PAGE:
- Avigdor Lieberman - corruption - Israel - justice
Israel mulls corruption charges against Lieberman
Israel's attorney general is considering charging Foreign Minister Avigdor Lieberman with corruption, a move that could force the hawkish minister to resign and leave the patchwork coalition government in disarray.
AFP - The Israeli attorney general is mulling criminal charges against Foreign Minister Avigdor Lieberman over a range of graft allegations, the justice ministry said on Wednesday.
"The offences on which his being brought to trial is being considered are fraud, breach of trust, receiving something by deception, money-laundering and tampering with a witness," a statement said.
It said the allegations involved "millions of dollars" and referred to the period from 2001 to 2008 while Lieberman served as a member of parliament and as minister for strategic affairs.
It said a final decision on whether to press charges would be taken only after Lieberman had had an opportunity to respond to the allegations at a hearing with the attorney general.
In a speech to members of his ultra-nationalist Yisrael Beitenu party on Wednesday night Lieberman denied any wrongdoing and said he welcomed the chance to clear his name in court after years of allegations and investigations.
"After 15 years I will at last be given the opportunity to prove that I always behaved in accordance with the law," he said to applause. "As you know, with me my word is my bond."
His party is the second-largest in Prime Minister Benjamin Netanyahu's coalition government after the premier's Likud and the third-largest in parliament.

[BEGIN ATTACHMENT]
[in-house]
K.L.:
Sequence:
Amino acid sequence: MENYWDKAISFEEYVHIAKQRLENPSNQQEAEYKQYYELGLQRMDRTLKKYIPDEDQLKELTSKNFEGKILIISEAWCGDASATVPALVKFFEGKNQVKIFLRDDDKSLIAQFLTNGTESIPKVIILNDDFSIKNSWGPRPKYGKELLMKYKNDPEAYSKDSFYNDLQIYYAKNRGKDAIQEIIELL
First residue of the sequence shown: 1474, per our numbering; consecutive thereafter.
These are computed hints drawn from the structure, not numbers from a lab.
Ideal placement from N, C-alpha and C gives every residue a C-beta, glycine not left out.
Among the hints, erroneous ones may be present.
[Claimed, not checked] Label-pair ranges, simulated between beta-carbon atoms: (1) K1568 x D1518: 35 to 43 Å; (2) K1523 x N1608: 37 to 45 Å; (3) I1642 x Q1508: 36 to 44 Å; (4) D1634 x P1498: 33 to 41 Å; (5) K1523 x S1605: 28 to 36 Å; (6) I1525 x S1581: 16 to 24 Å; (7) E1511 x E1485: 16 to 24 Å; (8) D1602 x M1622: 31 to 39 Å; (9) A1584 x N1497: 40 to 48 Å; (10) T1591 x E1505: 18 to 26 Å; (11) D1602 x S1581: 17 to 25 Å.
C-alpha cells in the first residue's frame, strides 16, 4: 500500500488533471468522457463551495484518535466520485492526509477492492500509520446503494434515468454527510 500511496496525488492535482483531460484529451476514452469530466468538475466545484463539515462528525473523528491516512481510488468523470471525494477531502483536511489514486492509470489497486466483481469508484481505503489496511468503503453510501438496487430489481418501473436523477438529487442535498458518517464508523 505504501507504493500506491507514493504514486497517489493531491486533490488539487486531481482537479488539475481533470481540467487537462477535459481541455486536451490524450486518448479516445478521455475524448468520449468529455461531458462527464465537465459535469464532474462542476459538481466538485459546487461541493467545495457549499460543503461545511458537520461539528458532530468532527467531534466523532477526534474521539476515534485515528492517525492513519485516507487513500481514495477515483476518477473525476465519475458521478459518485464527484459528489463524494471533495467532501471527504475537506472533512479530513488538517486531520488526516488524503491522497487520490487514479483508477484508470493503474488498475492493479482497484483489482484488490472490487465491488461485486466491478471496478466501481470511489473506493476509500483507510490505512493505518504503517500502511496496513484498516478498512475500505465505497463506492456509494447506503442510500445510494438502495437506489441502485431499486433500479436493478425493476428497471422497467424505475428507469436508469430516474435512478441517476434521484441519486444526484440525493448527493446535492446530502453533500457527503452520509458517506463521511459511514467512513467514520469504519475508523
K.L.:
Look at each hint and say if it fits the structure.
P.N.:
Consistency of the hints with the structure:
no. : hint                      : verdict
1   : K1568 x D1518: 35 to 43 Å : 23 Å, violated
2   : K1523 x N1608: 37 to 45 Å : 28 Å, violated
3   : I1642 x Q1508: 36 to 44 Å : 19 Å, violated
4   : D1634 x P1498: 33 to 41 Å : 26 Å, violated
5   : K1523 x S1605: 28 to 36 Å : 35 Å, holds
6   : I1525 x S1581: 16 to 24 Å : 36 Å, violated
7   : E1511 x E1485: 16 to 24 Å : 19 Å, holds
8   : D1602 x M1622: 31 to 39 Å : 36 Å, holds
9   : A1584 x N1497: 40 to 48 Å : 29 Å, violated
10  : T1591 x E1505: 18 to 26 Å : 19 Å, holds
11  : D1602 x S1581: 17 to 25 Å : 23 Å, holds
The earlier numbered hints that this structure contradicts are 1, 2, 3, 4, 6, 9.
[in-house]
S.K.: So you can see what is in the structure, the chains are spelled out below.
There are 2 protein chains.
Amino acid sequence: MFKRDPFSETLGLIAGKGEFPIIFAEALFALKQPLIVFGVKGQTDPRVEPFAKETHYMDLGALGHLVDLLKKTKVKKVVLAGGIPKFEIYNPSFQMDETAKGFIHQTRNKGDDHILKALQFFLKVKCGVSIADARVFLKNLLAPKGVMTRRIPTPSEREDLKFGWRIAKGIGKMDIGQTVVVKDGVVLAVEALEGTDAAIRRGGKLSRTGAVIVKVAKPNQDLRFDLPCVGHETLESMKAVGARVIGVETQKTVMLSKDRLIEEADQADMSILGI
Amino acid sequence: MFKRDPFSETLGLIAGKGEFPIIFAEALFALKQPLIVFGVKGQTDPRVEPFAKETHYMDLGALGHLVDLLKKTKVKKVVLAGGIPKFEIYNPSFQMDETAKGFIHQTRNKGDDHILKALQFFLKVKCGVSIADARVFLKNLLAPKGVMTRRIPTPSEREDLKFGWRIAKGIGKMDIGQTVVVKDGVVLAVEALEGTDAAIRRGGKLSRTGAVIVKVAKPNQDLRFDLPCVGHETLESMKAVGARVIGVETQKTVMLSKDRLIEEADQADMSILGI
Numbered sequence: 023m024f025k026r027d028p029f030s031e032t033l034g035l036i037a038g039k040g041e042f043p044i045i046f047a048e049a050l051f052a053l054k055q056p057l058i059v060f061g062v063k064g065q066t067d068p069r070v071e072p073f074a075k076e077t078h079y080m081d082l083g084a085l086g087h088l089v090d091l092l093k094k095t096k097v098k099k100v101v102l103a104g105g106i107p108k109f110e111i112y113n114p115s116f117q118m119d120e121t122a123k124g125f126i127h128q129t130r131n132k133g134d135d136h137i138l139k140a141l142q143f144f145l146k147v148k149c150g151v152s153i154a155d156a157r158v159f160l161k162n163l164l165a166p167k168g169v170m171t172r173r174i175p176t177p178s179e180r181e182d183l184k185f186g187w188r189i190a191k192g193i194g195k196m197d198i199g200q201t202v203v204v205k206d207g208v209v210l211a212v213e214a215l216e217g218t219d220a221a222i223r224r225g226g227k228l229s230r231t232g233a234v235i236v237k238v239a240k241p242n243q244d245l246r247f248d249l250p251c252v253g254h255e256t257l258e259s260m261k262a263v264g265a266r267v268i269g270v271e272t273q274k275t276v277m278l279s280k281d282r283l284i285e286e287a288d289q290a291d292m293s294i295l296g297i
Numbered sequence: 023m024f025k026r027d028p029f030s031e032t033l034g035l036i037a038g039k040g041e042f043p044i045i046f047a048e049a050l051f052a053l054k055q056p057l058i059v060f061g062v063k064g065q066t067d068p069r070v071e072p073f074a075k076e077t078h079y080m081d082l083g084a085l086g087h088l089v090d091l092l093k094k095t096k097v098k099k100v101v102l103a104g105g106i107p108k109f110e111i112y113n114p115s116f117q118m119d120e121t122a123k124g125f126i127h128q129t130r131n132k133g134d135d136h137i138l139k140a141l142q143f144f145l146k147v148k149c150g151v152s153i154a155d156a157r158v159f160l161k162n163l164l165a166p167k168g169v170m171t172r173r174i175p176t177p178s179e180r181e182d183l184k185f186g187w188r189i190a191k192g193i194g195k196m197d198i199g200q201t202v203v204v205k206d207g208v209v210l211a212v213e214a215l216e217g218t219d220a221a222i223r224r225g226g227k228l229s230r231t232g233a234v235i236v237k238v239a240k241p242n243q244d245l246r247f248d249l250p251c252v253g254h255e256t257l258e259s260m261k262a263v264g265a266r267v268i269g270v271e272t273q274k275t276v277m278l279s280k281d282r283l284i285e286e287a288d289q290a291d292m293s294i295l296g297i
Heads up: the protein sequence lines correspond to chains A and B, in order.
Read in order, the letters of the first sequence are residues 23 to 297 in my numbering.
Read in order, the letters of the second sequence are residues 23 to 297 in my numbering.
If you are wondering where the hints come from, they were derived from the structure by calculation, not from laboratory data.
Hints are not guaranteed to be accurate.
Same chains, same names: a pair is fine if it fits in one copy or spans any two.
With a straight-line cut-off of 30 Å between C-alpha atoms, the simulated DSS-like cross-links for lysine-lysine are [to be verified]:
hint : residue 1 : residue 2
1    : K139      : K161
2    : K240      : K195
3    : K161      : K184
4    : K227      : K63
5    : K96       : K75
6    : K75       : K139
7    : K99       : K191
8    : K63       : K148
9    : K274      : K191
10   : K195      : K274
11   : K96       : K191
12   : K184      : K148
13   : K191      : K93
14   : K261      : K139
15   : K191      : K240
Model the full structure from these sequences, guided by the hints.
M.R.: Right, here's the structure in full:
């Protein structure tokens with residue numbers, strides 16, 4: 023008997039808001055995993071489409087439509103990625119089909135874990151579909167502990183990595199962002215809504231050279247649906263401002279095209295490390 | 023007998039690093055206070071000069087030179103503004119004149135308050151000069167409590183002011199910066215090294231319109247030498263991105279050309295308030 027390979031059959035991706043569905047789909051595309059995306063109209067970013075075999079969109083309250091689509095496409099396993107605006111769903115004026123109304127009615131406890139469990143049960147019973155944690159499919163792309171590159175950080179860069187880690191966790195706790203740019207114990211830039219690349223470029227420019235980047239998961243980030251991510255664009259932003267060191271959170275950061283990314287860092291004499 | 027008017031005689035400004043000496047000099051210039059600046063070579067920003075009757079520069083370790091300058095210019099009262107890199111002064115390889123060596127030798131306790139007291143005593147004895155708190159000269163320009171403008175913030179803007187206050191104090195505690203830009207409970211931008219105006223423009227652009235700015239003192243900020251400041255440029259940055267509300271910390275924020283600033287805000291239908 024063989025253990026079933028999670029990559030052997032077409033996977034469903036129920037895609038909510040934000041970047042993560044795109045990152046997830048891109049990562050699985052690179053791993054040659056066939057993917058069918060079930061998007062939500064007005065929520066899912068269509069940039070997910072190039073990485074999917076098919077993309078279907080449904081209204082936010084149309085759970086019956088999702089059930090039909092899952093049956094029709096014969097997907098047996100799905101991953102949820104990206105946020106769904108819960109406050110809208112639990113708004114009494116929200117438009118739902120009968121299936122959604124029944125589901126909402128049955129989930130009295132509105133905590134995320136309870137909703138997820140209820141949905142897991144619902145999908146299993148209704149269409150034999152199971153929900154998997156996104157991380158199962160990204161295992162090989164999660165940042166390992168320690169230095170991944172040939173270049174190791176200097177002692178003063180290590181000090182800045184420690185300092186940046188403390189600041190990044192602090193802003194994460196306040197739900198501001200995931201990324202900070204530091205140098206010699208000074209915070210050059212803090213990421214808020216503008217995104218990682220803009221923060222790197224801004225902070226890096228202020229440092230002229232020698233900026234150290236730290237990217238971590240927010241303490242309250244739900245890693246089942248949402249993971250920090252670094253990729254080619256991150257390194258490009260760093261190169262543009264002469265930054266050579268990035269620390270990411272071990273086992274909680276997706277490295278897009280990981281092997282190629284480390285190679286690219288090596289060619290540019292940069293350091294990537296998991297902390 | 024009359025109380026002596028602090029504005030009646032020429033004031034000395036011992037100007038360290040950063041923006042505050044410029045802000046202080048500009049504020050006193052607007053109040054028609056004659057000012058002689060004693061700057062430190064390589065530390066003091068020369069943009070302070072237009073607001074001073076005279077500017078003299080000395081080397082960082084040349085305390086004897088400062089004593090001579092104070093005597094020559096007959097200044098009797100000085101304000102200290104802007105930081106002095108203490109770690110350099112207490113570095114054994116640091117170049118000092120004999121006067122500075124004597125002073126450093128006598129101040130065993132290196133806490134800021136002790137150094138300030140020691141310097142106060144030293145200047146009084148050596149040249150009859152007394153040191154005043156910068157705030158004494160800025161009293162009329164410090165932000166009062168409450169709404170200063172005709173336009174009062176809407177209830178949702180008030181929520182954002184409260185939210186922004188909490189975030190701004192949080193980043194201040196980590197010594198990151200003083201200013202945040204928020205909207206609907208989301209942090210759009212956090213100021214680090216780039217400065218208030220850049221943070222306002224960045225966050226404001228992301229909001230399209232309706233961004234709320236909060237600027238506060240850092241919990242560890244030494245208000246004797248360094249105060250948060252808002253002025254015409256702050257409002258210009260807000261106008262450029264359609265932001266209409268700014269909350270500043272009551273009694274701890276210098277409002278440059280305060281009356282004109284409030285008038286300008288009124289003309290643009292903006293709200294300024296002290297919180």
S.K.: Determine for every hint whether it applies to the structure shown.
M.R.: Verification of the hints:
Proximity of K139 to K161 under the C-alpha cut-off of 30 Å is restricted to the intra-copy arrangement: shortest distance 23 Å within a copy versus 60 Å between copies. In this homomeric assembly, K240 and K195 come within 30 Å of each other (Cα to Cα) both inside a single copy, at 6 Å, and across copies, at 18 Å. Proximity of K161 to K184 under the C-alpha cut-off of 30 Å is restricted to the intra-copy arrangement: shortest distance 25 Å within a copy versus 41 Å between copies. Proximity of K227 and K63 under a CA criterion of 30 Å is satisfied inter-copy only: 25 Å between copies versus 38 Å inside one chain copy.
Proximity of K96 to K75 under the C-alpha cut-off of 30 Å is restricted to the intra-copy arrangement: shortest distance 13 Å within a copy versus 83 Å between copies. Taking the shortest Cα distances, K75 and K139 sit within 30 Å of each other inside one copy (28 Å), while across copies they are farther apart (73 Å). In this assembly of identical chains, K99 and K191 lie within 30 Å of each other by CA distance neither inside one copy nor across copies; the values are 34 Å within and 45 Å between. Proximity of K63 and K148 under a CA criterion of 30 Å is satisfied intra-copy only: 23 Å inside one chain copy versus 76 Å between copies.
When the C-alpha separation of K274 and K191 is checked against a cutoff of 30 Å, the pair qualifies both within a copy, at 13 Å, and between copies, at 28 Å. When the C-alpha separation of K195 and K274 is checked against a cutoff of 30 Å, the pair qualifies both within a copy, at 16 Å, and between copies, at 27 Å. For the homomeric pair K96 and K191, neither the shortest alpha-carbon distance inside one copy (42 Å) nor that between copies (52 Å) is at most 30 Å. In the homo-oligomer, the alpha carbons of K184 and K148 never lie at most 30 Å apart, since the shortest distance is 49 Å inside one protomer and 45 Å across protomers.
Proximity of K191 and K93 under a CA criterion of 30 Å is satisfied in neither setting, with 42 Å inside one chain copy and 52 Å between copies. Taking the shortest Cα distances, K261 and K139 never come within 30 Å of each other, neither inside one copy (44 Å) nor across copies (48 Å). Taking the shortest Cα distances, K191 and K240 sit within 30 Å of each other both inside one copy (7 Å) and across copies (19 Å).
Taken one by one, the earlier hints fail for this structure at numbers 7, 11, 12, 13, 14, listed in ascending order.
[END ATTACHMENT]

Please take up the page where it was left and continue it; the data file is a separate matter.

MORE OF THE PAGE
He has pledged in the past to step down as both a minister and MP if he is charged, but it is unclear what the consequences might be for the coalition.
Lieberman has faced several investigations since 1996 on a number of fraud and corruption allegations but has so far never been charged.
Earlier this month, police recommended charging Lieberman, 52, and one of his diplomats in a fresh probe.
They suspect that Israel's former ambassador to Belarus, Zeev Ben Arieh, had passed Lieberman a confidential document related to another investigation into the foreign minister.
Lieberman is also suspected of receiving about $2.5 million (1.7 million euros) in illegal campaign donations through bank accounts opened by his daughter in Cyprus.
He denies any wrongdoing and says the police investigations are politically motivated.
Lieberman, a Soviet-born former bouncer, has long courted controversy with his hardline stance on Israel's Arab minority, with critics accusing him of racism.
A resident of the West Bank settlement of Nokdim, he pleaded guilty in 2001 to assaulting a Palestinian youth who had hit his son.
The stocky politician has called for the execution of Israeli Arab MPs who had dealings with the militant Palestinian Hamas, for Gaza to be "treated like Chechnya" and for Israel to fight Hamas "just like the United States did with the Japanese in World War II."
He regularly gets into verbal slanging matches with the Arab MPs whom he labels "clowns" and "terrorists" while they shoot back with "fascist," "thug" and "immigrant."
Israeli media have reported that French President Nicolas Sarkozy suggested to Prime Minister Benjamin Netanyahu that he should be fired.